Budgeting, Beyond Spousal Support Advisory Guidelines
Budgeting household income and expenses during a divorce is so important. The SSAG only takes us so far. The Spousal Support Advisory Guidelines (SSAG) is an academic paper that was first released by the Federal Department of Justice in January 2005. The Advisory Guidelines are not a law.
DivorceMate is a widely used software tool that puts functional horsepower behind the variety of mathematical formulas described in the SSAG document.
Once a spouse has been found to be entitled to receive support, an SSAG analysis can be applied to determine how much spousal support should be paid and how long spousal support should be paid for.
However, the Spousal Support Advisory Guidelines and DivorceMate can only assist in settling the support (income) component of your new financial picture. What about budgeting for expenses?
A lifestyle analysis by Ontario Divorce Finances will help you and your spouse figure out appropriate support. You may be living the high life, but this doesn’t mean you’ll be able to continue living such a lifestyle following the divorce. Nearly all separating couples must create budgets and alter their spending habits.
This will be especially difficult if you are the custodial parent, but it can be done through a careful lifestyle analysis and wrestling that ‘lifestyle assumptions vs. budgetary realities’ bear.
Using a software developed by Ontario Divorce Financies specifically for the task, separating couples can realistically approach living solely on your own income. It may even take some of the pain and mystery out of the process.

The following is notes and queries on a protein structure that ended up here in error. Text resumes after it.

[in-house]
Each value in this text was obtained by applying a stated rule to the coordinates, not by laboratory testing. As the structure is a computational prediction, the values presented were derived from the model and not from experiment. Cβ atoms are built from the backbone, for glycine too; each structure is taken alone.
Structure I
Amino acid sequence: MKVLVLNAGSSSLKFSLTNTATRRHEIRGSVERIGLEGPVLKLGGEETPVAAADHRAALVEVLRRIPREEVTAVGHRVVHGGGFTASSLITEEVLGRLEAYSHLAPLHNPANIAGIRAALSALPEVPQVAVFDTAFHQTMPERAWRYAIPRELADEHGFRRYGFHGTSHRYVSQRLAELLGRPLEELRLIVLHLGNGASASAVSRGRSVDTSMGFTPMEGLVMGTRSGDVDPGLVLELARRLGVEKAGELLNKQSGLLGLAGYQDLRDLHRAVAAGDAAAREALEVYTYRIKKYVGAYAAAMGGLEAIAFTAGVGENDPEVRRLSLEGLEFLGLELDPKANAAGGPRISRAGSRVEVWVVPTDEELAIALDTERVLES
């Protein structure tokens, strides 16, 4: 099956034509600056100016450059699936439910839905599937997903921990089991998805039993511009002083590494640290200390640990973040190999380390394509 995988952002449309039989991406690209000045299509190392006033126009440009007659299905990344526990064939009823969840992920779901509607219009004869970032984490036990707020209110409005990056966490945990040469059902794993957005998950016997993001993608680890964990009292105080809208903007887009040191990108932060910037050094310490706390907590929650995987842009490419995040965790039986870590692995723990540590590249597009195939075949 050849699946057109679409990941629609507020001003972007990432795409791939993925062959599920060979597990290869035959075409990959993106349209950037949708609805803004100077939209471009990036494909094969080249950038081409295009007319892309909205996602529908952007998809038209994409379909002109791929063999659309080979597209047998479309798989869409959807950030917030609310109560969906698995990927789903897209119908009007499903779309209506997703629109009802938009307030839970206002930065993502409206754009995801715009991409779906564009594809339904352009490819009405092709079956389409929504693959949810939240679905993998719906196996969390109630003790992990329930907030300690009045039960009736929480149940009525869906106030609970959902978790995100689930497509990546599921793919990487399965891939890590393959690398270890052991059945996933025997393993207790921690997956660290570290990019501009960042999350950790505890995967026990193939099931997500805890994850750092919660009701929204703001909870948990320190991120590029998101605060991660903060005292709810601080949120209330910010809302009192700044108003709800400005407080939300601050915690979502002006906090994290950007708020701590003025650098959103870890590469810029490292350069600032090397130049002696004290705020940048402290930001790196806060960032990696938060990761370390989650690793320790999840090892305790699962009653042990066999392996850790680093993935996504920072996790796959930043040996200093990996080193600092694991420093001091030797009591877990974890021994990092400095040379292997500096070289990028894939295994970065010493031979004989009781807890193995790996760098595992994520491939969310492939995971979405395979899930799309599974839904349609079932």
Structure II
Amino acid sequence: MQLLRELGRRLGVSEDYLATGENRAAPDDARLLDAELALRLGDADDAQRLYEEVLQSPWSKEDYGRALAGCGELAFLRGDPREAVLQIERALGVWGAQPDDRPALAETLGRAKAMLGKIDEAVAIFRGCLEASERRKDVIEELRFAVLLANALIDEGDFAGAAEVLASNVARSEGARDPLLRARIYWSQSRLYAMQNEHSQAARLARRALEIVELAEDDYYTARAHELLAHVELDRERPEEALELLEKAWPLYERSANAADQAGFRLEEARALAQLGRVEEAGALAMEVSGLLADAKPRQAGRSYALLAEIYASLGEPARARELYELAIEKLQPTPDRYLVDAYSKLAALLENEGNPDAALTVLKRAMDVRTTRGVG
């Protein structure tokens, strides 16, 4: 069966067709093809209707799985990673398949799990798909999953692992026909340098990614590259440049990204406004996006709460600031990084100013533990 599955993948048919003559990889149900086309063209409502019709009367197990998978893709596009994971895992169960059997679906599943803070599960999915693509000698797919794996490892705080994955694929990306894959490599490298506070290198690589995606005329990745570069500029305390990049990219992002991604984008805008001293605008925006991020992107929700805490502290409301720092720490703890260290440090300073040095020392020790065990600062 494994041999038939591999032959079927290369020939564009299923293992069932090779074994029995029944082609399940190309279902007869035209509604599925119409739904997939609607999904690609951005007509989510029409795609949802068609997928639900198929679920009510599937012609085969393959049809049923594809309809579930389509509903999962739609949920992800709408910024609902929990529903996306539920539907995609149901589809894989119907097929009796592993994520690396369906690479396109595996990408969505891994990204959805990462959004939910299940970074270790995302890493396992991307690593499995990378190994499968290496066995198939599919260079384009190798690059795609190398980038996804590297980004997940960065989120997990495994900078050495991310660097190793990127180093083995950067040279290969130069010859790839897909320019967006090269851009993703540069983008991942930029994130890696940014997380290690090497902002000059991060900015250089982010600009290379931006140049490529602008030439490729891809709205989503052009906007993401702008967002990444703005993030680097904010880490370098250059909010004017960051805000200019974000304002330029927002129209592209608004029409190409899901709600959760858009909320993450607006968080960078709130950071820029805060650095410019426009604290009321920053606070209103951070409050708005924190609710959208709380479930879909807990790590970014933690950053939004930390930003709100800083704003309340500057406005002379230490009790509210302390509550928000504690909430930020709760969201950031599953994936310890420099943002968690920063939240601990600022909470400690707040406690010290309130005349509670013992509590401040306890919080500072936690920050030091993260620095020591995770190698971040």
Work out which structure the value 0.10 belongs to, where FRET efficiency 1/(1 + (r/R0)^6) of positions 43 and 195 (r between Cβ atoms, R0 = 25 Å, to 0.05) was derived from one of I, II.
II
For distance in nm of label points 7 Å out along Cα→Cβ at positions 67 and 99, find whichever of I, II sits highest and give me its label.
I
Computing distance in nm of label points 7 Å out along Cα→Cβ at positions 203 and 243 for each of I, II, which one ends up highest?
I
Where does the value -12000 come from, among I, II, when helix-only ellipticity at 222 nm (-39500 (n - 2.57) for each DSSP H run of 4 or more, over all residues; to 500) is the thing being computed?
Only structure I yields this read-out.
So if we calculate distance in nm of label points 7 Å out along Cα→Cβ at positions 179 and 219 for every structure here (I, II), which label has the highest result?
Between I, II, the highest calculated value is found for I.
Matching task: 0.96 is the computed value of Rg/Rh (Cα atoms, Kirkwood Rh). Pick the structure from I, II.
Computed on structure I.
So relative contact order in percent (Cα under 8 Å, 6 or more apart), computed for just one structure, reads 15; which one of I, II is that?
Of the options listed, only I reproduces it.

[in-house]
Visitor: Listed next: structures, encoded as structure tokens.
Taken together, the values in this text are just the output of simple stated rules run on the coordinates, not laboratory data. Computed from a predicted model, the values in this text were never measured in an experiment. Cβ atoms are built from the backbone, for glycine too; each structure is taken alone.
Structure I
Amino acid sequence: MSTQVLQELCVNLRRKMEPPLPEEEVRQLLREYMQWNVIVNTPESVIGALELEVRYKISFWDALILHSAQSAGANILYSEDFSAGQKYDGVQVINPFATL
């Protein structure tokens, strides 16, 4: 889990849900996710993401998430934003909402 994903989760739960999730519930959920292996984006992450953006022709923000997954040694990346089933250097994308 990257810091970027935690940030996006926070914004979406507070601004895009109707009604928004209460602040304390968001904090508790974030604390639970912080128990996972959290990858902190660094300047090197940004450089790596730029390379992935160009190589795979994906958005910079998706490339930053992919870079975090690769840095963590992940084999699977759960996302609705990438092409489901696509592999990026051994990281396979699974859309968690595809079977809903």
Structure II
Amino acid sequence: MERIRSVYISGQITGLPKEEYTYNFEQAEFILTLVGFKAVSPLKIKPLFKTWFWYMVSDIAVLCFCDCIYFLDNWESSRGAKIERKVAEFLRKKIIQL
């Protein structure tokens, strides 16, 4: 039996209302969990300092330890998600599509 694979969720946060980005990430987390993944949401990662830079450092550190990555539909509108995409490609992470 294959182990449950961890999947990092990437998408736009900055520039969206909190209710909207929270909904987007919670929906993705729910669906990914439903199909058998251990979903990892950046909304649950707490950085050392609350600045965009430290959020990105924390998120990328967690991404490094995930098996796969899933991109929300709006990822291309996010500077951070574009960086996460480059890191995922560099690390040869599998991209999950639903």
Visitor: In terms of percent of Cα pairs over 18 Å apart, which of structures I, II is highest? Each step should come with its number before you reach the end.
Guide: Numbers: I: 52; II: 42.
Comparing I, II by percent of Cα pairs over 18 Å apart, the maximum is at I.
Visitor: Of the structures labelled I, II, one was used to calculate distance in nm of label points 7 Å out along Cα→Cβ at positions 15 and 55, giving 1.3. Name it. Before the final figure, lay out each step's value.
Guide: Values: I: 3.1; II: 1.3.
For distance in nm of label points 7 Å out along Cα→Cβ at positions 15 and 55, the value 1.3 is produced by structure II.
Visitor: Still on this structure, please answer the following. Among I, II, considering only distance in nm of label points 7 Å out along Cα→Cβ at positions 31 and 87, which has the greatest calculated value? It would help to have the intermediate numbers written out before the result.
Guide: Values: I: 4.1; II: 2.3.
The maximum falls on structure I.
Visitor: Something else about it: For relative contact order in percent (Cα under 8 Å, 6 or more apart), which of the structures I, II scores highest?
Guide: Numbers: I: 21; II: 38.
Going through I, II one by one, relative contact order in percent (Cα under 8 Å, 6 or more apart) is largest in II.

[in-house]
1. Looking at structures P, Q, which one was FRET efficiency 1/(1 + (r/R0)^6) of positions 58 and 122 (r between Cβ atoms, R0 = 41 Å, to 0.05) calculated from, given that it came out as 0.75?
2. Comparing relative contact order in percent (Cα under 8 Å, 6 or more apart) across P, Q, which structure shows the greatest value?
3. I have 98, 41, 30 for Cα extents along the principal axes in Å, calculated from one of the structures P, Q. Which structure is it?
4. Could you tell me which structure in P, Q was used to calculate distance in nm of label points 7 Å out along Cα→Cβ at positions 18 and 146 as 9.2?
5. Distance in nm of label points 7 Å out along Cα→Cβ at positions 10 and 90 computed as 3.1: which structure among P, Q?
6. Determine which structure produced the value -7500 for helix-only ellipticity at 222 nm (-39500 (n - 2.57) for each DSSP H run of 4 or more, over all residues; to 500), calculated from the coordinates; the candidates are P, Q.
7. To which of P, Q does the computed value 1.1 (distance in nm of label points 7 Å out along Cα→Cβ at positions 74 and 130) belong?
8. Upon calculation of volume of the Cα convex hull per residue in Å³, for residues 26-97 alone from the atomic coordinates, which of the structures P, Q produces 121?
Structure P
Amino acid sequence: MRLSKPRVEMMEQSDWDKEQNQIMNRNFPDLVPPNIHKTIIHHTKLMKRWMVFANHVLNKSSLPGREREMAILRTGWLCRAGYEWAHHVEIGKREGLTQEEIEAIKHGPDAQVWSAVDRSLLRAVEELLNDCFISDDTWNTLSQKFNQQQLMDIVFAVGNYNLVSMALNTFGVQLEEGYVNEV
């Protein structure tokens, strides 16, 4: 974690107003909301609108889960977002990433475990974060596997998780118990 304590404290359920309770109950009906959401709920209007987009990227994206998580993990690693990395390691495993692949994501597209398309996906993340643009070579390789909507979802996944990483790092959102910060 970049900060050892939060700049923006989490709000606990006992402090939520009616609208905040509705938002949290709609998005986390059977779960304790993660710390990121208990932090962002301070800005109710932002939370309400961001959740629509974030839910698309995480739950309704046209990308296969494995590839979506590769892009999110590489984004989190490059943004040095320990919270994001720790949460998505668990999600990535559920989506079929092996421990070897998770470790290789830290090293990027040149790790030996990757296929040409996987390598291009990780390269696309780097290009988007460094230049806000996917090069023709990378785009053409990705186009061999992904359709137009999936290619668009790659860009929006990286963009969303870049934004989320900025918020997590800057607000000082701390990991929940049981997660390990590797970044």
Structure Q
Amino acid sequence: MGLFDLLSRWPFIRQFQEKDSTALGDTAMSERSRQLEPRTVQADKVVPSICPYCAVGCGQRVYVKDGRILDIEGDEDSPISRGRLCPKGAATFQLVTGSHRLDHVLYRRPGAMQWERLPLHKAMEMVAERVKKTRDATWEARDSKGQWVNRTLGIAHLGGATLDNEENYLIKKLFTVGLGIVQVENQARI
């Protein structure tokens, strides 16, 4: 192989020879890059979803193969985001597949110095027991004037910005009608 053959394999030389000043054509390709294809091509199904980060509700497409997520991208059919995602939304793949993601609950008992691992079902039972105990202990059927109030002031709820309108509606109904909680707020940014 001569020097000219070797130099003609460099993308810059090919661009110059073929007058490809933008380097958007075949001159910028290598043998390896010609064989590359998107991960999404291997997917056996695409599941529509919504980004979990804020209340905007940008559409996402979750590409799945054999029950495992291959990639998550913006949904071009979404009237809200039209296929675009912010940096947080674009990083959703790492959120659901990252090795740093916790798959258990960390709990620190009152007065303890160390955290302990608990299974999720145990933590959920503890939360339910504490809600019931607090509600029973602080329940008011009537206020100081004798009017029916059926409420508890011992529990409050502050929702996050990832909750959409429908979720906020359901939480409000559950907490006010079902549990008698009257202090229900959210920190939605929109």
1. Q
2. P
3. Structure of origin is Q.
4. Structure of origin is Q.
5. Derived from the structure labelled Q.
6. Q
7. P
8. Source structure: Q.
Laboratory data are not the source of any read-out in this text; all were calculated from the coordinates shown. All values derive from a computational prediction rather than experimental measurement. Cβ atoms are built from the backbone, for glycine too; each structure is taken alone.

8 Ways Budgeting Can Improve Your Post-Divorce Life
- Acts as a Roadmap. Since you are already dealing with the myriad changes that accompany divorce, establishing a budget will help you gain control of your post-divorce finances. A budget will help reveal exactly how your money is spent, as well as illustrating where money can be saved. It can also help you to better understand where changes need to be made in order to plan for the future. By constantly updating and reviewing this budget, you can be prepared for unexpected changes and needs that may arise.
- Reveals Waste. By setting a budget, it will become much clearer how a two person income is often drastically different from a one person income. Drawing up a budget will help to reveal those places where money is wasted – making you more in control financially – and will alert you to how that money can be better used on a monthly basis.
- Sets Priorities. Again, since the household income has been reduced, setting a budget will help you to set new financial goals for the future. This may involve getting a new home, a new car, or just saving for the unexpected. Setting priorities through a budget makes them much more achievable.
- Builds New Habits. Once that budget is set, sticking to it will let you get rid of those old habits that might lead to financial problems in the future. It is important to get rid of those same spending habits that existed alongside that second income. Instead, the budget will help motivate you to stay in control of your finances.
- Reduces Stress. We all know that divorce and stress often go hand-in-hand, so establishing a budget and sticking to it will help alleviate a great deal of that stress by allowing you to set firm, but realistic, financial goals and better planning for the future.
- Controls “Retail Therapy” Impulse Spending. Relying on “retail therapy” can be dangerous to a budget – especially one that has been cut in half, so making sure that you have set a budget that helps curb this is crucial. That doesn’t mean that you have to cut it out altogether – just make sure that you allocate a certain amount a month (which you determine you can afford), and stay within that amount.
- Re-establishes Savings. A divorce can cripple a savings account, so making a budget will help you to see how much money you can afford to put away each month, and push you to do so. Savings are so important – and so re-building them by establishing a budget should be a priority.
- Creates a Cushion. Not to seem redundant, but going from a double to a single income means that cushion is often non-existent. Making sure that money has been put aside for emergencies, whatever form they take, is important. That way, if the car breaks down, the house needs repairs, or school shopping gets expensive, you have the means to cover whatever is needed.